Fletch’s apartment is in Santa Monica. Irwin M. Fletcher may be strapped financially. But, his facade of a real apartment is located at 827 4th Street, near Montana Avenue.

Alan and Gail Stanwyck’s house is, of course, in Beverly Hills. Movie-locations.com lists the address at 1011 Beverly Drive. THe house is also seen as Whitney Houston’s estate in The Bodyguard and studio head Jack Woltz in The Godfather. 

Provo isn’t Provo, it’s Ogden. Ogden, Utah, subs in all ways for Provo: the motel, the real estate company, the airport -- it’s all in Ogden. if you want to see Provo, you can see it in Footloose, even though that’s supposed to be Oklahoma.

DELETED SCENES

Tommy Lasorda cameo. Fletch was to go in disguise as a relief pitcher for the Los Angeles Dodgers.

One scene didn’t make the film, but it did make it onto the poster. Fletch was filmed in cognito as a hockey player. That scene was cut, but if you look carefully at his wallet full of ID’s, one shows him in full hockey gear.

Fletch journalism movie

REVIEWS

Most critics called out Chevy Chase for playing the same character he plays all the time: himself. However, almost all critics raved about the work of director Michael Ritchie, editor Richard Harris, and the supporting cast. 

Roger Ebert called it "a masterpiece in editing" but that Fletch "is an anthology of Chevy Chase mannerisms in search of a character." The Chicago Sun-Times critic wrote, "Other elements in the movie are pretty good: the supporting characters, the ingenious plot, the unexpected locations. But whenever the move threatens to work, there's Chevy Chase with his monotone, deadpan cynicism, distancing himself from the material.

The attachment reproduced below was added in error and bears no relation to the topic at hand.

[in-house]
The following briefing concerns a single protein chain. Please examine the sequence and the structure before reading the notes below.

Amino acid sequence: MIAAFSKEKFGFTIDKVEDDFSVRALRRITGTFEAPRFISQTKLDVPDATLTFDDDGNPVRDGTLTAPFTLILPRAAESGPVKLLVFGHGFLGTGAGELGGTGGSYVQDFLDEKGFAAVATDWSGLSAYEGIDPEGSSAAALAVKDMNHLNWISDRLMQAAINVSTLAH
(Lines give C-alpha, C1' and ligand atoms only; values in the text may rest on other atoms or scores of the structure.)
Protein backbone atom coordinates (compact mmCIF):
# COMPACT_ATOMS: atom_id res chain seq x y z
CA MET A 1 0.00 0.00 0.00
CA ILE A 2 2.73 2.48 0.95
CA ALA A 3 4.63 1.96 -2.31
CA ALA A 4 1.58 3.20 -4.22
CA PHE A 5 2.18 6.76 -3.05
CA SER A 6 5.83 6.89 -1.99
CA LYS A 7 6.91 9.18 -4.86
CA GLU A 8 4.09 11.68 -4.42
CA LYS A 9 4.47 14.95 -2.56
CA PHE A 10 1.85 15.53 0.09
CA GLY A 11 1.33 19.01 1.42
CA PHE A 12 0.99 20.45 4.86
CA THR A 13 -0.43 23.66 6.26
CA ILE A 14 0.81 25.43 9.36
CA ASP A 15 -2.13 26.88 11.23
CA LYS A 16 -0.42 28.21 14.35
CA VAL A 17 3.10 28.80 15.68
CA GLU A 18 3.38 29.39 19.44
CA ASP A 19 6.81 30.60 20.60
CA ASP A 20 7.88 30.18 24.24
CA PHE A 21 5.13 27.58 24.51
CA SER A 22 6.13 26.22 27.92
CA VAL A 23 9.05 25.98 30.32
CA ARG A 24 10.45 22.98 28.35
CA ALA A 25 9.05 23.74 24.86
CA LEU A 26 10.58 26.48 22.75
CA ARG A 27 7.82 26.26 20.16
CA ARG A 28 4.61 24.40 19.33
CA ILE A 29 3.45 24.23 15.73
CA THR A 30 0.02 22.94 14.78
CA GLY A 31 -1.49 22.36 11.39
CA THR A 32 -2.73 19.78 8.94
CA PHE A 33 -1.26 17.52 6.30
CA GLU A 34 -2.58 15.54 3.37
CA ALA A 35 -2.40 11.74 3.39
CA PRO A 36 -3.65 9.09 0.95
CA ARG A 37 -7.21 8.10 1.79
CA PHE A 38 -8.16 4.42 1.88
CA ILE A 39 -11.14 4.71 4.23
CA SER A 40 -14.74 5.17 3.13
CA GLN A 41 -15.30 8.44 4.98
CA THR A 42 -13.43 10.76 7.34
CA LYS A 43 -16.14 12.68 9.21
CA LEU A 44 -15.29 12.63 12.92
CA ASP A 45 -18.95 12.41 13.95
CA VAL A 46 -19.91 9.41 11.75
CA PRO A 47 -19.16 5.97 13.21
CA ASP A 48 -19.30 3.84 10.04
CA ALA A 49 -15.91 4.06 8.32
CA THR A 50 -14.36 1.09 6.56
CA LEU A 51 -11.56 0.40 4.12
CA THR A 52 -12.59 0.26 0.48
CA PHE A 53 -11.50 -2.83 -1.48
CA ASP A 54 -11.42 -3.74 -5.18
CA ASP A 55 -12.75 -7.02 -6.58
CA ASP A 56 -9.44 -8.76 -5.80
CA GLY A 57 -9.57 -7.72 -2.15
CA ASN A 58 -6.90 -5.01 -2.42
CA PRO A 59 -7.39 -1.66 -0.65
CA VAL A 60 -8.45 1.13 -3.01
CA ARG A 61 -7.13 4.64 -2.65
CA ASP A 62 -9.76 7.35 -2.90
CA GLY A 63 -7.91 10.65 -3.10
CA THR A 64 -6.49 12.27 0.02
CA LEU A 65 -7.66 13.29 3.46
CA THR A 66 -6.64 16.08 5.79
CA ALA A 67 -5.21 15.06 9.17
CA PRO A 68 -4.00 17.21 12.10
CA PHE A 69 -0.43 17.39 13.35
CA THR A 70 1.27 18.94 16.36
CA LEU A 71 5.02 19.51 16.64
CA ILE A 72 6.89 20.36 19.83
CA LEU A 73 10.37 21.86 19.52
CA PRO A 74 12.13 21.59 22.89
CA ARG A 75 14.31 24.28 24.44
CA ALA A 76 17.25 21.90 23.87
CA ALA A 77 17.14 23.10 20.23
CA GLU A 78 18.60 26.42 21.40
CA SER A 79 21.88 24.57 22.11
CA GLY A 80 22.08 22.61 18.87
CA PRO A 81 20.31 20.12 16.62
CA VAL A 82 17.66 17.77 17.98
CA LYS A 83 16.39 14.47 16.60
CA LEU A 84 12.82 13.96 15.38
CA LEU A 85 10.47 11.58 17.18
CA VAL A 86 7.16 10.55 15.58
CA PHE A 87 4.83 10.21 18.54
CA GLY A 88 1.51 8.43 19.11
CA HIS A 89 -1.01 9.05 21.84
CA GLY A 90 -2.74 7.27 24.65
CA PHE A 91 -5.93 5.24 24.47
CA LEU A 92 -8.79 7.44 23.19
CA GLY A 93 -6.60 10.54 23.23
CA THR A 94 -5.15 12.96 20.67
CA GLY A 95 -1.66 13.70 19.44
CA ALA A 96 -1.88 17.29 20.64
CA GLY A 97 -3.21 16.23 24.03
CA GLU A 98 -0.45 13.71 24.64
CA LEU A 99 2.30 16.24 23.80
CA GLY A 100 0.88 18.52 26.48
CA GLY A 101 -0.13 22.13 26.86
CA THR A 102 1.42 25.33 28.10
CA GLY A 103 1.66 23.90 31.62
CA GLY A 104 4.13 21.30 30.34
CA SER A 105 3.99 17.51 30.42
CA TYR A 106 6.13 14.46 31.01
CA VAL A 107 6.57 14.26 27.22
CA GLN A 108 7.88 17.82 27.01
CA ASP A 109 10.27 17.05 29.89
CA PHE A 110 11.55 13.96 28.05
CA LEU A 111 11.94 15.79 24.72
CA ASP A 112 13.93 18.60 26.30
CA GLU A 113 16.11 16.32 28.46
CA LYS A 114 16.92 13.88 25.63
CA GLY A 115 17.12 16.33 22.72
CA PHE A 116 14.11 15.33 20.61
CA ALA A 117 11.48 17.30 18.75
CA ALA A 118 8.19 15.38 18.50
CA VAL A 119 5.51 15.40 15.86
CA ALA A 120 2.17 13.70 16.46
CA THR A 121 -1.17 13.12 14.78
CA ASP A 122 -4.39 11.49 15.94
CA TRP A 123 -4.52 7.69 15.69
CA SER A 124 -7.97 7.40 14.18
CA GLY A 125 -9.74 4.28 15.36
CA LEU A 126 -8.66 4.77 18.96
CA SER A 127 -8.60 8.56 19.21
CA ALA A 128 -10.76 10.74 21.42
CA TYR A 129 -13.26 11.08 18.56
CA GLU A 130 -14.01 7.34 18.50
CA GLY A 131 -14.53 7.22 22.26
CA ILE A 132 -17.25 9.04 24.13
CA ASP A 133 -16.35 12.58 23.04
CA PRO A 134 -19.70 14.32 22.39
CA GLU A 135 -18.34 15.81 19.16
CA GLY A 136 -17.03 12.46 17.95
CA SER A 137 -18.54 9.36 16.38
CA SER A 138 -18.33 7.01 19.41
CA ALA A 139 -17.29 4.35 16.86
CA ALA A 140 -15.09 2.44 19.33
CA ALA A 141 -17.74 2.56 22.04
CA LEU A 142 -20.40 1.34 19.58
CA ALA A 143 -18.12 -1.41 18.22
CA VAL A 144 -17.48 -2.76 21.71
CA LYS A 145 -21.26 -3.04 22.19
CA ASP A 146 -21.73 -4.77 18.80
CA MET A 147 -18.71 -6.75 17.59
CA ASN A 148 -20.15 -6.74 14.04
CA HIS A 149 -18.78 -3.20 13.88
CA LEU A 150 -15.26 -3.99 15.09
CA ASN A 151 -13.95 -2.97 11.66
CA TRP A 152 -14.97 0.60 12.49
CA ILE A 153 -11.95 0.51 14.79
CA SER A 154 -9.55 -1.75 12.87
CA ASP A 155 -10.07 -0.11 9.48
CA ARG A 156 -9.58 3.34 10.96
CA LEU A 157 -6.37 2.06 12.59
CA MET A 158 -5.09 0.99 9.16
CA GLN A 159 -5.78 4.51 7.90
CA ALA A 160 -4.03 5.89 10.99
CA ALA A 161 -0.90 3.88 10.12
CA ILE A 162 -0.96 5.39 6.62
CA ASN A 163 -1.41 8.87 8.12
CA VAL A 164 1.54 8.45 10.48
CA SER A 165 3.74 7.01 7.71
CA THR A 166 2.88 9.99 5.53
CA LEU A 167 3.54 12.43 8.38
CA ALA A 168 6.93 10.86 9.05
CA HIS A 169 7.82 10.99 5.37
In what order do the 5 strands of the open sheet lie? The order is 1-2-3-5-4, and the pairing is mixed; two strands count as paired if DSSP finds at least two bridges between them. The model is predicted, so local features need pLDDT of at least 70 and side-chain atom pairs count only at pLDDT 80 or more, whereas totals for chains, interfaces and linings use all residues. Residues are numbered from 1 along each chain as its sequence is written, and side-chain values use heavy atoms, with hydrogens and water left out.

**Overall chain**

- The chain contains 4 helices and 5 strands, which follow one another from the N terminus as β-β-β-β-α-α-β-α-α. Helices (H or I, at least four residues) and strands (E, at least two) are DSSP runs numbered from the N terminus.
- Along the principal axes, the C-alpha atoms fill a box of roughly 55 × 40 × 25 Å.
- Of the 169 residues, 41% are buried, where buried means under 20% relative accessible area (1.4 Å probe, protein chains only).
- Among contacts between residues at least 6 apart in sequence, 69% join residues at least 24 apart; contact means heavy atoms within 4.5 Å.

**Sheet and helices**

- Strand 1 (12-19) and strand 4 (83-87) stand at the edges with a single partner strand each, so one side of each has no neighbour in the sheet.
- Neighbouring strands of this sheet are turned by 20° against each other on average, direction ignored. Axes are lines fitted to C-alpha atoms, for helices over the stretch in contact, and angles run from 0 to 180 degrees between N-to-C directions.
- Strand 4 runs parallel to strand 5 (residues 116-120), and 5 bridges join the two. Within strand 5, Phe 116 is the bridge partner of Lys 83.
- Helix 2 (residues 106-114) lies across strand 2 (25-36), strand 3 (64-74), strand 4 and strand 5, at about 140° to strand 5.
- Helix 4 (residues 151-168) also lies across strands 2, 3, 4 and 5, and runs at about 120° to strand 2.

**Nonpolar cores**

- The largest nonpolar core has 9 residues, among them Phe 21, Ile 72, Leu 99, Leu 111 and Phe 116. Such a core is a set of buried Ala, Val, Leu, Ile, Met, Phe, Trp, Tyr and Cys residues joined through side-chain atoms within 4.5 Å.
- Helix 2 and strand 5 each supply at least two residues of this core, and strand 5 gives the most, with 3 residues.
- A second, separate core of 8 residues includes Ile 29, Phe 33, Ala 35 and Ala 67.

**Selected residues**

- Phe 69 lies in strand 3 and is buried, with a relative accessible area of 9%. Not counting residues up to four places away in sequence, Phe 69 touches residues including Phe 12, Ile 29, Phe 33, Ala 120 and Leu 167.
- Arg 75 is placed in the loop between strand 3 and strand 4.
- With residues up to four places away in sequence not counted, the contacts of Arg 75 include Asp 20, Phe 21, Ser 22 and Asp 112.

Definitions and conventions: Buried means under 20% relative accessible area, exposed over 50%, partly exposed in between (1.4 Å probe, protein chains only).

The LA Times: “Good, not great.” Fletch is smart, dead-pan dry and funny--most of the time, when it’s not being faintly superior."

Vincent Canby of The New York Times: "Colorful, amusing whodunit with exceptional cast."

The Hollywood Reporter: "One of the most amusing entertainments to come around in a while."

Chevy Chase Fletch toilet paper nose

LEGACY

”I think Fletch’s particular wiseass-ery hit a nerve with a certain generation.” – Andrew Bergman

Fletch is Chevy Chase’s all time favorite role. 

Still quoted, constantly. Dana Wheeler-Nicholson says she's been astonished how people still come up to her on the street and quote a line. The credit lies with the movie's star. "Most of the lines they quote back to me after all these years are pretty much lines Chevy made up on the spot," she said. "The water buffalo line was not scripted. He changed it up, it’s not like that’s the only thing he said! It’s just the one they used."

Fletch Lives. The success of Fletch sent the studio to make a sequel. However, instead of adopting another of Gregory Mcdonald's novels, Universal went forward with an original script by a different writer, it seems so they could get Irwin M. Fletcher into as many crazy costumes as possible. A writer's strike mucked up the works as well. The sequel is universally accepted as being terrible, if not a disgrace.